Here are five things you should know about WiFi balloons and what they mean for your online privacy:
1. Erasing the “Digital Divide” and Increasing Internet Access. Dubbed “Project Loon,” the network of balloons will travel on the edge of space. It will connect people in rural and remote areas, help fill coverage gaps, and bring people back online after disasters, according to Google executives. Google estimates that two-thirds of the global population is without fast, affordable Internet access — and this project could make a difference to many people around the world.
2. How High? Once released, the balloons will float in the stratosphere above 60,000 feet, twice as high as airplanes and the weather, Google says. Their altitude will be controlled from “Loon Mission Control” using special software to allow them to pick up layers of wind traveling in the right direction and form a balloon network.
3. How Many People Can Connect? Here’s where this idea starts to worry privacy experts and consumer privacy advocates. According to Google, hundreds of people will be able to connect to one balloon at a time. The balloons are equipped with antennas with specialized radio frequency technology, Google says, and each one can provide connectivity to a ground area about 25 miles. The potential for hacking seems astronomical and makes Google’s pie-in-the-sky idea seem downright dangerous for consumers’ online privacy. Is Google taking steps to encrypt the world’s Internet access, too? We didn’t think so. And has everyone forgotten about the backlash and millions of dollars in fines against Google for illegally recording signals from Wifi networks while it was taking photographs for its Street View service?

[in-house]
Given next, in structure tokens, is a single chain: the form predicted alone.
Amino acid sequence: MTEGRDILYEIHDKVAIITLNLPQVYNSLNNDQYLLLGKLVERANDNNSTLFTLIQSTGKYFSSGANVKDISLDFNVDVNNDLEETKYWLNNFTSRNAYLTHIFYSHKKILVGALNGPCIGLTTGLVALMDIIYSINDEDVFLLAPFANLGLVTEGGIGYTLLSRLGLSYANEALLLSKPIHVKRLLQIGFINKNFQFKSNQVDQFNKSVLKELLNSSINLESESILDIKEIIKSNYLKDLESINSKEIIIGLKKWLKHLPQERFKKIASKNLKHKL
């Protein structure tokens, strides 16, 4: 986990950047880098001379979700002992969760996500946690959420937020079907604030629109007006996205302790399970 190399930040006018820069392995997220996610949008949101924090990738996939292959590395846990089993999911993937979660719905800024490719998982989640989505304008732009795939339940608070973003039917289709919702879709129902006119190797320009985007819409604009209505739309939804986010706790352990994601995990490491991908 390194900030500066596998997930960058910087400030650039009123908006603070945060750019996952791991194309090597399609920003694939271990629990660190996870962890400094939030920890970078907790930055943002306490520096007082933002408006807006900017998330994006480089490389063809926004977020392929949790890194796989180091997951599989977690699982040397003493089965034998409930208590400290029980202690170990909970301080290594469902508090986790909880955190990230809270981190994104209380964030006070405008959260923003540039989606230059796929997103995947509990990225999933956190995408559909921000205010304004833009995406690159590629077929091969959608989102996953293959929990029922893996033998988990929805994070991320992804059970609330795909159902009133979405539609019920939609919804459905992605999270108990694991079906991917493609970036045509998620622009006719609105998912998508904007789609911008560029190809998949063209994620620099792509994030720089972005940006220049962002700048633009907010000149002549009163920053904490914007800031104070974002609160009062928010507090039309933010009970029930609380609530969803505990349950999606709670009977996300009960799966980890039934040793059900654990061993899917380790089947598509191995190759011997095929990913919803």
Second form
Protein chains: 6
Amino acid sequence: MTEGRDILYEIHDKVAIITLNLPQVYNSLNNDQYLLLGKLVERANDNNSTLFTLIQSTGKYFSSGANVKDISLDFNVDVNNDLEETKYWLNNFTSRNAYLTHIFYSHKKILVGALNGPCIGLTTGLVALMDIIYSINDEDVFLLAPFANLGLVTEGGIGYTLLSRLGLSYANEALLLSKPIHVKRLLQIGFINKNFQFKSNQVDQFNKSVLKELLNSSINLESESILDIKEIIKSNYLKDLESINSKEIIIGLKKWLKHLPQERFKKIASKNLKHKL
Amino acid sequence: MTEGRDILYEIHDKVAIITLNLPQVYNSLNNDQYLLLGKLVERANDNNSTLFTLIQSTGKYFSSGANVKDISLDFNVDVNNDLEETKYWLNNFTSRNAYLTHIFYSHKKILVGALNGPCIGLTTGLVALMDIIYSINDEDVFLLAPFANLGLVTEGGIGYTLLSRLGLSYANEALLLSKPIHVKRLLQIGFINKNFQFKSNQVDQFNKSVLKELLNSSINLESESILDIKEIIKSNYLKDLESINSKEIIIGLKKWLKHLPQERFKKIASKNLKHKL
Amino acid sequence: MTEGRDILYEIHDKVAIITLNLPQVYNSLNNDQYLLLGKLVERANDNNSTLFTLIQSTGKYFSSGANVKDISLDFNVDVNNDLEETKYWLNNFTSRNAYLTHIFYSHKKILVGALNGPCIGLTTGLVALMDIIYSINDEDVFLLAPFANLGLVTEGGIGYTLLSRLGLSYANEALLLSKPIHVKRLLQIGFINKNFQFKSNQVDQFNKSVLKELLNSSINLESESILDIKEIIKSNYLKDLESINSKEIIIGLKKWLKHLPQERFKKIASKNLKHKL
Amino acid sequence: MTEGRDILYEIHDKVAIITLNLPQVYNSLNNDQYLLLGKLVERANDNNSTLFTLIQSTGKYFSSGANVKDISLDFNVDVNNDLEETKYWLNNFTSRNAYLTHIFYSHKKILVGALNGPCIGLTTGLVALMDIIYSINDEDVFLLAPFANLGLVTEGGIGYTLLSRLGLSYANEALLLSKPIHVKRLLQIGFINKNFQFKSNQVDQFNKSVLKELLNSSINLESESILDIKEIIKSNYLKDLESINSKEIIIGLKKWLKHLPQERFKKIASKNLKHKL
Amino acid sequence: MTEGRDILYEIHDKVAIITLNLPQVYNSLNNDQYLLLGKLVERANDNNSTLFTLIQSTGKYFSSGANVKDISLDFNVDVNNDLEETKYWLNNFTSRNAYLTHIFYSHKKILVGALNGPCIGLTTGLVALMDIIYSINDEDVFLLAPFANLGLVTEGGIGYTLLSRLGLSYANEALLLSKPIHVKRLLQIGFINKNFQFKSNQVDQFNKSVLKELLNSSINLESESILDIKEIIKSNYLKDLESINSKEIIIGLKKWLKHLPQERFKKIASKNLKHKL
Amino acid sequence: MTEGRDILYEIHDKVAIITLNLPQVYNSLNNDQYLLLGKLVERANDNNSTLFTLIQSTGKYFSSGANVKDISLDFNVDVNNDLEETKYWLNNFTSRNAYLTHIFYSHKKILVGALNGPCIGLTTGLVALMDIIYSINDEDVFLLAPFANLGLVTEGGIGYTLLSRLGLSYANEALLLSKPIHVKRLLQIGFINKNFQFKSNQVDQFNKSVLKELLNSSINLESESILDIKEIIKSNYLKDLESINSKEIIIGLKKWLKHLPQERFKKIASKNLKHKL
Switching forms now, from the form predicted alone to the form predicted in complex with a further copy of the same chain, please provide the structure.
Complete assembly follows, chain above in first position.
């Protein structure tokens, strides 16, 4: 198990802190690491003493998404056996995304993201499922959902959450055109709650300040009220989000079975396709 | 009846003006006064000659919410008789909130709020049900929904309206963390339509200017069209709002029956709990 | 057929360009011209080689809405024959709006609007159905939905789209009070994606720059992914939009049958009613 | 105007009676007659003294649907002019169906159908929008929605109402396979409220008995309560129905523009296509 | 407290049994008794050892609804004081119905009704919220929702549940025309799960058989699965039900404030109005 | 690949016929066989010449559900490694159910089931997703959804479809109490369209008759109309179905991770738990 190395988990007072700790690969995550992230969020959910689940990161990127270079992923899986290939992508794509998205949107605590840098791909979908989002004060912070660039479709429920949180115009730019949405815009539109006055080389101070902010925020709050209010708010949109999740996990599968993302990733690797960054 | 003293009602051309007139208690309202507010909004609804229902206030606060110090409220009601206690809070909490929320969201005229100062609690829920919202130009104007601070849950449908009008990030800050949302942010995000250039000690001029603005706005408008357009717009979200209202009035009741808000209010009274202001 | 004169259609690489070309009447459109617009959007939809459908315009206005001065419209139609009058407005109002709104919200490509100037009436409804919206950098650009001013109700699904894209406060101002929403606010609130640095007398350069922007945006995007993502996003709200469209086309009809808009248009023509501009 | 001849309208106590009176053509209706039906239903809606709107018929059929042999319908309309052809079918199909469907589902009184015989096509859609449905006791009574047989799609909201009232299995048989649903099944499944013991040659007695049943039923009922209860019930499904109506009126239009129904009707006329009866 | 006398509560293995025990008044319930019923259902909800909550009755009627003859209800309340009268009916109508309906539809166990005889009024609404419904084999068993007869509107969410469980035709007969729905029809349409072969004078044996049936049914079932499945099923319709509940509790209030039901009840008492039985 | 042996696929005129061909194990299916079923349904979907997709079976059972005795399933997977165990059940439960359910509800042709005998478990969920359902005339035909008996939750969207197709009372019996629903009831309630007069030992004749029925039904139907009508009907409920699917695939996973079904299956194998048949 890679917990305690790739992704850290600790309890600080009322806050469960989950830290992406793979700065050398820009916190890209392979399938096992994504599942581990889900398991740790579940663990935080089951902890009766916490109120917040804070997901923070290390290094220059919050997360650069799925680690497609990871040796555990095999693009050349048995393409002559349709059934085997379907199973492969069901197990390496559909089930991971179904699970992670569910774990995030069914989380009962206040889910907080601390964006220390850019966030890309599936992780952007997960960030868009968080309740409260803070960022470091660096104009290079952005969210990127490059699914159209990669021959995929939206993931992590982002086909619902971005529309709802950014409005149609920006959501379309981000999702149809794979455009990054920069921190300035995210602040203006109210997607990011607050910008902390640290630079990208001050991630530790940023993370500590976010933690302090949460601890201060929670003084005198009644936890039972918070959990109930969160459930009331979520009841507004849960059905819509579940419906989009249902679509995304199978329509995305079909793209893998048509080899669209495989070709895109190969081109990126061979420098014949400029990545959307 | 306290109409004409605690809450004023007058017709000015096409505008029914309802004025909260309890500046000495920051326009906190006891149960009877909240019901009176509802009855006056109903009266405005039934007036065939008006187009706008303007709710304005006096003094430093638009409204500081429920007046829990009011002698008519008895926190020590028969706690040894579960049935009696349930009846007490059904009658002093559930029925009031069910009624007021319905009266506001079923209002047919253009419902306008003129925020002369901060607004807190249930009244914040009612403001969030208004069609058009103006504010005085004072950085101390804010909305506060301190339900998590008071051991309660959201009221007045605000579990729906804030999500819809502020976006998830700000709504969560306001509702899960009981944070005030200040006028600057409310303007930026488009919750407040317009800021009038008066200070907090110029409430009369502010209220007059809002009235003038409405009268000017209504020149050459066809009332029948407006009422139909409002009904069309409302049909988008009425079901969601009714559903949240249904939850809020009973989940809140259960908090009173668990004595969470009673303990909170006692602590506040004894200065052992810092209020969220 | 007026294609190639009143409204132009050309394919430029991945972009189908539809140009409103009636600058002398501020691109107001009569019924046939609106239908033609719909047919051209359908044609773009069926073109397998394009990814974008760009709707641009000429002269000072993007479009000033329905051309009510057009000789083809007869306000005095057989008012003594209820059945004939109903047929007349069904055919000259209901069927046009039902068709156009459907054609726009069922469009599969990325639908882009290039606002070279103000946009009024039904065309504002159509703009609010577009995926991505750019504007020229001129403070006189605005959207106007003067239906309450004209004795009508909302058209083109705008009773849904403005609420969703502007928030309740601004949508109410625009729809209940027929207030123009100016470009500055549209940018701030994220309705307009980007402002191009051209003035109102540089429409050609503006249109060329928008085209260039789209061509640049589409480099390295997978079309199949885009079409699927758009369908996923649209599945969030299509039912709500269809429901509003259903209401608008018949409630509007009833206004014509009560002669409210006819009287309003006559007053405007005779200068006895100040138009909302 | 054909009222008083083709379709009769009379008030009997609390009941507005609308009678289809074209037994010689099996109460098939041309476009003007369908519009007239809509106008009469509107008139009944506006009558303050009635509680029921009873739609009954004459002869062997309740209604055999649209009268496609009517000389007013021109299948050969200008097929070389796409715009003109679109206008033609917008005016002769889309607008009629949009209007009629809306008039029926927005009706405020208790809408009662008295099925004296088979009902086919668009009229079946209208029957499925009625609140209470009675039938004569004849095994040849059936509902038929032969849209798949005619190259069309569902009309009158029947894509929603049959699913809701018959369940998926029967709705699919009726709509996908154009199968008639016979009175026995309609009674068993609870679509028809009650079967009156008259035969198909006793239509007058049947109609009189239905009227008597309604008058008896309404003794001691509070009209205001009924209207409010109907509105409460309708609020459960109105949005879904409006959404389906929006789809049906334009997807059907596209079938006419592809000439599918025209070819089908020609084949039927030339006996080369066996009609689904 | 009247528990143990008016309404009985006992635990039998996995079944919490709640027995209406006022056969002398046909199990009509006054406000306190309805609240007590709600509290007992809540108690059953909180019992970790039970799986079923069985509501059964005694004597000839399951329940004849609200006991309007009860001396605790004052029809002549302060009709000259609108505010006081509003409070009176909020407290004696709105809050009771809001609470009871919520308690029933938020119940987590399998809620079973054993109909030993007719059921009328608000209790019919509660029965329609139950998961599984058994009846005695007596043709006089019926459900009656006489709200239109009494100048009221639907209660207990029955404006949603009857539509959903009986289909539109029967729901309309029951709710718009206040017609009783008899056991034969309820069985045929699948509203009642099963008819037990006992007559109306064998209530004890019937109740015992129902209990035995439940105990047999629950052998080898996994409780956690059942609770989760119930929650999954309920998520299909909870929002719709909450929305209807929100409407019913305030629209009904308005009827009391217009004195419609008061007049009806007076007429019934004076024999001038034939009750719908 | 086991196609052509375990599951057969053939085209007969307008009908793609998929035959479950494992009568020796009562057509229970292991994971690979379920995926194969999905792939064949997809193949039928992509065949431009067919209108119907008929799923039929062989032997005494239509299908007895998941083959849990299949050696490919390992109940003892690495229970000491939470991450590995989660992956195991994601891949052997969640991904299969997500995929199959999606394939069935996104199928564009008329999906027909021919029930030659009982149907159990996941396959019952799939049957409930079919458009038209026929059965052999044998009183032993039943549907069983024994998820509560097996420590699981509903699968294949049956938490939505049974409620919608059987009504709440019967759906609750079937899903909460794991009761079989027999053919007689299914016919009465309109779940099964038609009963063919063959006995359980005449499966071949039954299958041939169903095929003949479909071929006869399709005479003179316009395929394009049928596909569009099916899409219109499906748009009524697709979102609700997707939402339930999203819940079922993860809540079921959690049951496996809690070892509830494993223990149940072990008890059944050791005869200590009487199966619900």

4. Digital Guinea Pigs. Who has signed up to test that these balloons actually work and won’t come crashing down on their homes? After all, the balloons are controlled by just wind and solar power to control them up or down! Clearly this experiment is new and will involve huge communities of citizens. This past week, Google started a pilot program in the Canterbury area of New Zealand with 50 testers trying to connect to the balloons. Google launched 30 balloons and tried to connect to this many receivers on the ground. Google admits it’s “going to learn a lot that will help us improve our technology and balloon design.”
5. Are the Balloons Altruistic or Greedy? Google is the world’s largest advertising network. The expansion of Google (via balloons!) around the world means more people relying on Google search, which in turn boosts the company’s ability to charge for advertisements and work with data brokers. But Google executives don’t talk about their ad network; instead, they talk about how the technology might allow countries to leapfrog the expense of installing fiber-optic cable, dramatically increasing Internet usage in places such as Africa and Southeast Asia. “It’s a huge moonshot, a really big goal to go after,” said Google Wi-Fi Balloon project leader Mike Cassidy. “The power of the Internet is probably one of the most transformative technologies of our time.” Although covering the whole world would require thousands of balloons — and no timetable has been set for that — it seems that Google will find a way when there is money to be made off of consumers’ sensitive data.